"With Sincere Thanks" 

11/5/2010 12:00 AM 


November 5, 2010         

November has arrived and, as always, our thoughts are turning to Thanksgiving. We at AUSA have much for which to give thanks. Our 56th Annual Meeting—just concluded—was a blockbuster hit and a great professional development event for Army Soldiers. More than 35,800 people attended and saw 442 industry and Army exhibits spread over almost 500,000 square feet of floor space. The Contemporary Military Forums and the Military Family Forums were packed, and our Congressional Staff Breakfast included almost 600 attendees—more than 220 of them Hill staffers—who heard both the Secretary of the Army and the Army Chief of Staff speak.

At the Eisenhower Lunch and the Marshall Dinner, we were honored to have as our guests combat veterans and Medal of Honor recipients SFC Ronald F. Rosser from the Korean War and COL Walter J. Marm from the Vietnam War. Mrs. Maureen Miller represented her son SSG Robert J. Miller, a Medal of Honor recipient from the Afghanistan conflict. Their service and sacrifice highlight those of all our Soldiers and remind us, as Veterans Day draws near, of the enormous thanks we owe to all those men and women who have worn the uniform and sworn to protect and defend our nation.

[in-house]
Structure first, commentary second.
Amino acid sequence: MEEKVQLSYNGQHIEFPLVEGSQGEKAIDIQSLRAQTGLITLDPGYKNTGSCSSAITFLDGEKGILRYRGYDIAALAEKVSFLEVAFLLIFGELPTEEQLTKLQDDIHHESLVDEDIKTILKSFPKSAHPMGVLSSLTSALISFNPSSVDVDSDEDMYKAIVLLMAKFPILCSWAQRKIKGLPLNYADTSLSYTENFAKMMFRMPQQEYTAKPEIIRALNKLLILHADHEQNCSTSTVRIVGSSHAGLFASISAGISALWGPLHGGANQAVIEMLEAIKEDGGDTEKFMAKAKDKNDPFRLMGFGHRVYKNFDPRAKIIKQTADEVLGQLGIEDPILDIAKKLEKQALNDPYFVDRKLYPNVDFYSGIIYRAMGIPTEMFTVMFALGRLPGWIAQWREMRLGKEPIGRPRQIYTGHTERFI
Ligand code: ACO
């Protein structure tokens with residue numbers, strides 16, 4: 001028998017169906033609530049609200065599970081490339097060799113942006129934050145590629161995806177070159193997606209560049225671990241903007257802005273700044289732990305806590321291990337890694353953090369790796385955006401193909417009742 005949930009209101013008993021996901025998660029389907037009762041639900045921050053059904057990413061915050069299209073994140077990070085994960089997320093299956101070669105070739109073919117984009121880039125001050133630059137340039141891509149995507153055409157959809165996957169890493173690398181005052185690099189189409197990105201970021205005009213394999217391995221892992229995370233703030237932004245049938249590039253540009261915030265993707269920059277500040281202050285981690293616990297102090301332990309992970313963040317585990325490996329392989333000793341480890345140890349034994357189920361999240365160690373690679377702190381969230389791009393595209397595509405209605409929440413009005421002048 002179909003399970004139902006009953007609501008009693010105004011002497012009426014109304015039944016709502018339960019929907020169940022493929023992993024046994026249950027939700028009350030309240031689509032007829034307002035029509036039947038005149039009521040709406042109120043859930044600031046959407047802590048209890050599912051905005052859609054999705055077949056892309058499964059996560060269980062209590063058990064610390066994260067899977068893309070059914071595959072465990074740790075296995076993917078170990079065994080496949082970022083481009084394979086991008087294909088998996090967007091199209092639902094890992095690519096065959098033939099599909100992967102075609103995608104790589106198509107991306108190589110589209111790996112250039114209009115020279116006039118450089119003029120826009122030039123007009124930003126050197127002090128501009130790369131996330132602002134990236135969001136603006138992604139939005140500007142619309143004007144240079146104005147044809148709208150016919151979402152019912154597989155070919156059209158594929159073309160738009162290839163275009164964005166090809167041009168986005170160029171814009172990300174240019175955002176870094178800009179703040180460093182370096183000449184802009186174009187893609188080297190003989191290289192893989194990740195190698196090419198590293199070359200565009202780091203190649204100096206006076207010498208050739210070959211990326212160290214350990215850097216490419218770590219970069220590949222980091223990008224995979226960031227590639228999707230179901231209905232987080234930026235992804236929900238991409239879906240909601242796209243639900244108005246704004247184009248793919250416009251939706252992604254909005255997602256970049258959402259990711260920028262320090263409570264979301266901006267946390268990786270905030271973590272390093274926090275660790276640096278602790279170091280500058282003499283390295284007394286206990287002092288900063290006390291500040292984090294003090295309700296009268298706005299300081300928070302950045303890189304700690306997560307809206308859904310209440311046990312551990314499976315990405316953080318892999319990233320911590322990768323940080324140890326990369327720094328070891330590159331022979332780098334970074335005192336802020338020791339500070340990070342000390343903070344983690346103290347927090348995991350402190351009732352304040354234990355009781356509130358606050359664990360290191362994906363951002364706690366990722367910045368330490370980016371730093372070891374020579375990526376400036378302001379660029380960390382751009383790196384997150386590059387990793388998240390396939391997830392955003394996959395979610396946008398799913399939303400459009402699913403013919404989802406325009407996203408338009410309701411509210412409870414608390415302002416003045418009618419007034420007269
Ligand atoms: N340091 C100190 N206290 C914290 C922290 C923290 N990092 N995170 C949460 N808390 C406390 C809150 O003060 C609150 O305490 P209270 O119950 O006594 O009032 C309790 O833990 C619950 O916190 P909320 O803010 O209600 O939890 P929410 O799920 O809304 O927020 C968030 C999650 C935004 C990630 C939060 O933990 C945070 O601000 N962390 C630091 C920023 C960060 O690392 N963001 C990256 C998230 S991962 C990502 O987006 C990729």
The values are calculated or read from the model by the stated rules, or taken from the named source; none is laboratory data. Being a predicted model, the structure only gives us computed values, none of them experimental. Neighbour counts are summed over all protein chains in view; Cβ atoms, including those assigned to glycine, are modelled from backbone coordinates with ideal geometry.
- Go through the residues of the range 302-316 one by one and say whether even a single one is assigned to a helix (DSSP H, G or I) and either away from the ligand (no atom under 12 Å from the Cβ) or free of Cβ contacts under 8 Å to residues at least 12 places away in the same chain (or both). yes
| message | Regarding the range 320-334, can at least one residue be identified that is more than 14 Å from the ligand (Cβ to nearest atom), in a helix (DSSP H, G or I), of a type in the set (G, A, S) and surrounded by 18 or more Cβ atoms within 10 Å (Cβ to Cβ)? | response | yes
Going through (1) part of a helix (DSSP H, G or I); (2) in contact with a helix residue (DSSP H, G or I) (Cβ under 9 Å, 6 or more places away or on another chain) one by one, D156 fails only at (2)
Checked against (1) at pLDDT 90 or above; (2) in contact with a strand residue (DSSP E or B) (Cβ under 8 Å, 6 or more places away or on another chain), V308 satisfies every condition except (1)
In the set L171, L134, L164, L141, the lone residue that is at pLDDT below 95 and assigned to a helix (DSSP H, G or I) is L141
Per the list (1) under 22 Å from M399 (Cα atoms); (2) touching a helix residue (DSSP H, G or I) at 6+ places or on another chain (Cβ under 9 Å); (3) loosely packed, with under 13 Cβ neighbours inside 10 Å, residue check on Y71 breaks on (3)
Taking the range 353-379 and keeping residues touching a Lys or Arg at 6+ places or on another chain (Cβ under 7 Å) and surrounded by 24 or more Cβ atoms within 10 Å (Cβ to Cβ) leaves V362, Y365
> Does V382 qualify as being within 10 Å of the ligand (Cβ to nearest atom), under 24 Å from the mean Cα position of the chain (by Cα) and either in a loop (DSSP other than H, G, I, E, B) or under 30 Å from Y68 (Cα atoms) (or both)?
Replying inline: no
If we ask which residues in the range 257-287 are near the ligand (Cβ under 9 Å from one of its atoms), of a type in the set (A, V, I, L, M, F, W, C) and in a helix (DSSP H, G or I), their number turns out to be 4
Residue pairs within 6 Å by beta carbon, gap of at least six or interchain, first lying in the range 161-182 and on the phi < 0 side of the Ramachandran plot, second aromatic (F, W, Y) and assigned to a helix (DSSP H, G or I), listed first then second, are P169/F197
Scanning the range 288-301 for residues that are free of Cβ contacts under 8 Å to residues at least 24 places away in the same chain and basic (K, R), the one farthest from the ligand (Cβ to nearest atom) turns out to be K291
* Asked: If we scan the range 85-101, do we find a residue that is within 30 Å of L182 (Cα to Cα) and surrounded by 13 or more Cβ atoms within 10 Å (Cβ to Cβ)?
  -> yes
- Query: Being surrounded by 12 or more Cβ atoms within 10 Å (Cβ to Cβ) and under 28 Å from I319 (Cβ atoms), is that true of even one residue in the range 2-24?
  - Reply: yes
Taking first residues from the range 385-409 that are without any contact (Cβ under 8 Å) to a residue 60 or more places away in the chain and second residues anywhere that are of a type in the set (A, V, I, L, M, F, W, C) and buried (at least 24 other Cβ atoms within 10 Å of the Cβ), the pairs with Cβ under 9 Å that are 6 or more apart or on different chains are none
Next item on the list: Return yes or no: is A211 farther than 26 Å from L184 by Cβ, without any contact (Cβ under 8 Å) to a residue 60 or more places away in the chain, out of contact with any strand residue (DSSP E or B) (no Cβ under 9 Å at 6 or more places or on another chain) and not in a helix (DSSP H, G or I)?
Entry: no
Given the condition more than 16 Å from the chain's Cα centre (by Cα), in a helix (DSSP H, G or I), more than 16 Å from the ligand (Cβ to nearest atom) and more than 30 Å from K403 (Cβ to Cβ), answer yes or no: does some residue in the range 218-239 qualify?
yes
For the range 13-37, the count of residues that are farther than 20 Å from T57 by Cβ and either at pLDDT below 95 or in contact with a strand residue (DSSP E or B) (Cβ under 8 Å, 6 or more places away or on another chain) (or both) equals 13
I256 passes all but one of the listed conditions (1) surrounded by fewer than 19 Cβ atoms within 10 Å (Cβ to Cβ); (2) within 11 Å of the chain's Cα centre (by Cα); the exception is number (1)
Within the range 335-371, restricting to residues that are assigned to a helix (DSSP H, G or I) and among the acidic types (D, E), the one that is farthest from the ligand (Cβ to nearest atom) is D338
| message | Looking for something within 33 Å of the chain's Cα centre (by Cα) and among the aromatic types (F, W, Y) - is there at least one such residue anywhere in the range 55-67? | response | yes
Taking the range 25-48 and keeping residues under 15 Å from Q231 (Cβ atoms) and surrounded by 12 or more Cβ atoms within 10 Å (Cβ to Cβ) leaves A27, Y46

Some may be unaware that Veterans Day was originally called Armistice Day and marked the end of World War I—on the 11th hour of the 11th day of the 11th month of 1918. President Wilson proclaimed the first Armistice Day with the following words: “To us in America, the reflections of Armistice Day will be filled with solemn pride in the heroism of those who died in the country’s service.”

With the addition of millions of veterans after World War II and the Korean War, Armistice Day was renamed Veterans Day to honor all veterans who served in uniform. Today there are more than 23 million veterans, 6 million of them disabled. Many of you reading this are among this number, so to you and all veterans I render a sincere salute.

A wise Soldier once said, “A nation that forgets to thank and honor its veterans ceases to be a great nation.” We at AUSA will work hard not only to represent our Army and our nation’s veterans but to remind the nation of the enormous debt of gratitude we owe to those who have served.